On the eve of today's anniversary, Speaker of the House Nancy Pelosi, D-Calif., had blunt words about the prospect of shipping even more Americans to war, saying, "I don't think there's a great deal of support for sending more troops to Afghanistan, in the country or the Congress."
Sen. Carl Levin, chairman of the Senate Armed Services Committee, has also expressed skepticism about sending more combat troops until the U.S. does more to train Afghan security forces.
At a park near ground zero in New York today, volunteers who supported the recovery effort will join family members and rescue workers to read the 2,752 names of victims and mark four moments of silence -- for when the planes struck each tower and for when each tower collapsed.
In New York City, Vice President Joe Biden laid flowers in a reflecting pool at a memorial site near ground zero and spoke to the victims' families gathered in remembrance.
"There's a special fraternity of those of us who've lost spouses and children," said Biden whose daughter and first wife died in a 1972 automobile accident. "But there is also one thing all Americans know to be true and which we remember most when we come to this site: in our jobs and in our sorrows, we know we belong to one another."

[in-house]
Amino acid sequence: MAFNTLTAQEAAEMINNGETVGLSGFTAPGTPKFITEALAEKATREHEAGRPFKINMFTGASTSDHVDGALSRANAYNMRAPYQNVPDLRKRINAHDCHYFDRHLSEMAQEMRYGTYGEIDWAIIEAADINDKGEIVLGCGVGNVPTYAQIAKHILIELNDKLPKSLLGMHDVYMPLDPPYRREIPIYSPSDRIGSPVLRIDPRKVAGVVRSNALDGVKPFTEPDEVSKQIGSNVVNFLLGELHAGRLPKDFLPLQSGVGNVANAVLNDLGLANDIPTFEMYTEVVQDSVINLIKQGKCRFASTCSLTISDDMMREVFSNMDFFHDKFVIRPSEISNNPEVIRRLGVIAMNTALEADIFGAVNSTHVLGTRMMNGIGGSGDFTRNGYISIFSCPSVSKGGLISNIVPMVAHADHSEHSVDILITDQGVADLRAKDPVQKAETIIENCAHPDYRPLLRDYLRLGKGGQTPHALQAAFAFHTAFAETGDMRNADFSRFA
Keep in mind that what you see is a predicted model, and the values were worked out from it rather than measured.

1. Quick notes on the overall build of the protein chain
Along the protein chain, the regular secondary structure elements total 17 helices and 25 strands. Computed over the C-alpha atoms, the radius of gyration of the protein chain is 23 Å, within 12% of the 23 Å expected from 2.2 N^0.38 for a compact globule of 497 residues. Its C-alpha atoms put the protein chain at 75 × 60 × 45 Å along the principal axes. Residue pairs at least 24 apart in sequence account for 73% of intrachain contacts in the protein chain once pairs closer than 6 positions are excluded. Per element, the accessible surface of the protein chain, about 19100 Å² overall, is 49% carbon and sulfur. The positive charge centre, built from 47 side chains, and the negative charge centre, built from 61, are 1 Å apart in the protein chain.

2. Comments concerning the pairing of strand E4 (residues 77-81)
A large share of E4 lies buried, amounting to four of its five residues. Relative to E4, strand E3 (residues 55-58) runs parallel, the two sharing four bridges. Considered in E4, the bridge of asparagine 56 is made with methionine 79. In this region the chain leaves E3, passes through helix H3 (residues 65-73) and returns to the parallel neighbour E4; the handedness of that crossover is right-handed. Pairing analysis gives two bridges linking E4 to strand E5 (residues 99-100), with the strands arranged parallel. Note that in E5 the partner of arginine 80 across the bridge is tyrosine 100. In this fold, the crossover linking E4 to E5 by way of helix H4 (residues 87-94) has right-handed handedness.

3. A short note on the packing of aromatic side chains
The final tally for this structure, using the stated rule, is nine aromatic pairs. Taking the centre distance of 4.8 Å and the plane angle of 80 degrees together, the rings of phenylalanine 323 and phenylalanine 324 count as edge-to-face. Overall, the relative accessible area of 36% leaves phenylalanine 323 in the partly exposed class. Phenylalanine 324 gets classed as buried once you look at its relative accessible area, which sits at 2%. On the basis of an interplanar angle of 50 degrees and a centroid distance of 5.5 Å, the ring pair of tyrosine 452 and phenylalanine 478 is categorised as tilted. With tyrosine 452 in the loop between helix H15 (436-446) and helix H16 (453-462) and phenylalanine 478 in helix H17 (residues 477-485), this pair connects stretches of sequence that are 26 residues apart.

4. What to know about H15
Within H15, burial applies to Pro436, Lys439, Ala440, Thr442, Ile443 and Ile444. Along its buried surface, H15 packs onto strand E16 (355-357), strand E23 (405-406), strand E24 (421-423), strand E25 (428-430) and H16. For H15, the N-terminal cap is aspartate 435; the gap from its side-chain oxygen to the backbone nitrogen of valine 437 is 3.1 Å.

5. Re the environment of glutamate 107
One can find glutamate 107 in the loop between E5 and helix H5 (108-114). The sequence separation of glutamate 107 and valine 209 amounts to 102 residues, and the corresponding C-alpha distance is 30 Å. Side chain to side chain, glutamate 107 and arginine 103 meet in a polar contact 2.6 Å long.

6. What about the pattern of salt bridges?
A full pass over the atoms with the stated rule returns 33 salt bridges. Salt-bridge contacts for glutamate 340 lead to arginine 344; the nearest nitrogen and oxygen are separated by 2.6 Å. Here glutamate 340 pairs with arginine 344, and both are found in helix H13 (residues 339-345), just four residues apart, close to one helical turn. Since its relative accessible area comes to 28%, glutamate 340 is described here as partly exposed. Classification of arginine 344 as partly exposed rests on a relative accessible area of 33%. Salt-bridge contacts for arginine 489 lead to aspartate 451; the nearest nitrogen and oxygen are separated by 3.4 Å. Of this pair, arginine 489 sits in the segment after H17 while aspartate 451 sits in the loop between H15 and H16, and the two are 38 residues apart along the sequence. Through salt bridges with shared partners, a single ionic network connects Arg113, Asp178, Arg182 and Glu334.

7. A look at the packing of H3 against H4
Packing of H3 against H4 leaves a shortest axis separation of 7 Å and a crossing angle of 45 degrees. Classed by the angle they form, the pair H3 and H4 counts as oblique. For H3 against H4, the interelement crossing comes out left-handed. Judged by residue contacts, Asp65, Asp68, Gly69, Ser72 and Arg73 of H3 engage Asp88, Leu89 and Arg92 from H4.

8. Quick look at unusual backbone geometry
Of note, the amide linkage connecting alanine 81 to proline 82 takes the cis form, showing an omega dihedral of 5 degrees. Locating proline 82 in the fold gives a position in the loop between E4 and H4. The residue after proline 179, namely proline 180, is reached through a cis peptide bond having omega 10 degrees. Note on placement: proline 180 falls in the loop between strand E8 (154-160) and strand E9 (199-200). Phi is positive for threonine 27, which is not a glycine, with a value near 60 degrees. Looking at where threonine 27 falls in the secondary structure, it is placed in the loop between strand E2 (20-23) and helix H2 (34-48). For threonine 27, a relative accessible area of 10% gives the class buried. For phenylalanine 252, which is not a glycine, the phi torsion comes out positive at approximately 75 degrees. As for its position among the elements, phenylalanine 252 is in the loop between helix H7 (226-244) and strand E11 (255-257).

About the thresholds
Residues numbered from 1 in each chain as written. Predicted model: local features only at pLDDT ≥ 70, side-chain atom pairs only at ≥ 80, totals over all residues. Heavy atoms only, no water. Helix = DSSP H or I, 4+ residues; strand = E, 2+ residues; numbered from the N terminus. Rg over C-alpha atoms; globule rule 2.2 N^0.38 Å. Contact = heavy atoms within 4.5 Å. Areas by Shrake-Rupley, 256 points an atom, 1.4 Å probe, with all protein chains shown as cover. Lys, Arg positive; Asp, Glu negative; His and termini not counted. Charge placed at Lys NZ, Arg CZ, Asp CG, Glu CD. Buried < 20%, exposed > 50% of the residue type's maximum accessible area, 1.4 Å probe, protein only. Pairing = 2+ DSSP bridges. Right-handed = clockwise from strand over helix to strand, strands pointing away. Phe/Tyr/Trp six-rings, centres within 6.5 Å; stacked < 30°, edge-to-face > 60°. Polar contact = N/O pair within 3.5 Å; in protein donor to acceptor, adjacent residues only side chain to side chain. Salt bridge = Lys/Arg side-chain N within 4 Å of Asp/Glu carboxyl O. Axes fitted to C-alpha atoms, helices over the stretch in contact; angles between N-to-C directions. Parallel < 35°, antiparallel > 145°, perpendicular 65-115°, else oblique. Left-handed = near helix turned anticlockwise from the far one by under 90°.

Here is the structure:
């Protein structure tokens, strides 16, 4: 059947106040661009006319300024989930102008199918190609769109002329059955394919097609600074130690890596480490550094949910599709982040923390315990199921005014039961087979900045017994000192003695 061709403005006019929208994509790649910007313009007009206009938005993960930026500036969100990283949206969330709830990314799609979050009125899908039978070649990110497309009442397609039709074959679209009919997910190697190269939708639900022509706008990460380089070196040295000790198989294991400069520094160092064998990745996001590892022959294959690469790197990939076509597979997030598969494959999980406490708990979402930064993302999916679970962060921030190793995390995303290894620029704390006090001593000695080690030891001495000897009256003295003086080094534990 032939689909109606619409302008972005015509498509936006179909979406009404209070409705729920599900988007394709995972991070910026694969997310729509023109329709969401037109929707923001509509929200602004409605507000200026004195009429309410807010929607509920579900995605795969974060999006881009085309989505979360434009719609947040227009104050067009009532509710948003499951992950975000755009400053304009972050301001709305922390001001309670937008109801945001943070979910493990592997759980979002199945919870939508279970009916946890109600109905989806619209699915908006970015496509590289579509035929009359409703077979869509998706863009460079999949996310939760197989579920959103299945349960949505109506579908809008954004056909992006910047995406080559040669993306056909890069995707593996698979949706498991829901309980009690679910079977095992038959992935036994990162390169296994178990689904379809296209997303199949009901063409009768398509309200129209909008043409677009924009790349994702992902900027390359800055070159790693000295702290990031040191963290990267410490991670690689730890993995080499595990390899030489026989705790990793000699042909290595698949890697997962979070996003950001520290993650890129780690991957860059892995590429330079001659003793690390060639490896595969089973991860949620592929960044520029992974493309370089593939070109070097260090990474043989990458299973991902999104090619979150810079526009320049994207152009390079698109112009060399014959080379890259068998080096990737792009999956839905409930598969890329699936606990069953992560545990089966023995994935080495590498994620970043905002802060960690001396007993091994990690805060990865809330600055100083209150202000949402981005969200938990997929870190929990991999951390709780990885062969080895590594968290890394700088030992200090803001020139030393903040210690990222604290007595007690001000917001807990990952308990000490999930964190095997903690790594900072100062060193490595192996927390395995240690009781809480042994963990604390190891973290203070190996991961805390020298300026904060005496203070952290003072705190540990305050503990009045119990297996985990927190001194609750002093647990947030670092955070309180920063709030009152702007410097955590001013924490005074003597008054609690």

Biden, who was joined by his wife Jill, read a quote from the poet Mary Oliver about loss and recovery.
Meanwhile, construction of memorial grounds and the U.S. National September 11 Museum continues at ground zero, which planners say will be open to the public by Sept. 11, 2012. Officials called for public participation Thursday in building the museum's collection by submitting images, video and personal stories to the institution's Web site www.911history.org.
In rural western Pennsylvania, the National Park Service is preparing to break ground on the Flight 93 National Memorial, replacing a temporary memorial at the site where hijacked flight United 93 crashed into a field. Former Secretary of State Colin Powell is expected to speak to family and friends of the 40 victims of United 93 at a ceremony at the crash site today.
This is the first year Sept. 11 has been declared a national day of service, and many Americans across the country have planned community improvement projects and remembrance ceremonies to mark the day.
"We must build a culture of resiliency and guard against complacency, so we are better prepared for terrorist attacks or disasters of any kind," said Homeland Security Secretary Janet Napolitano.
"By serving our communities and our country today and throughout the year, we commemorate our past while also preparing for our future," she said.
ABC News' Devin Dwyer and Luis Martinez contributed to this report.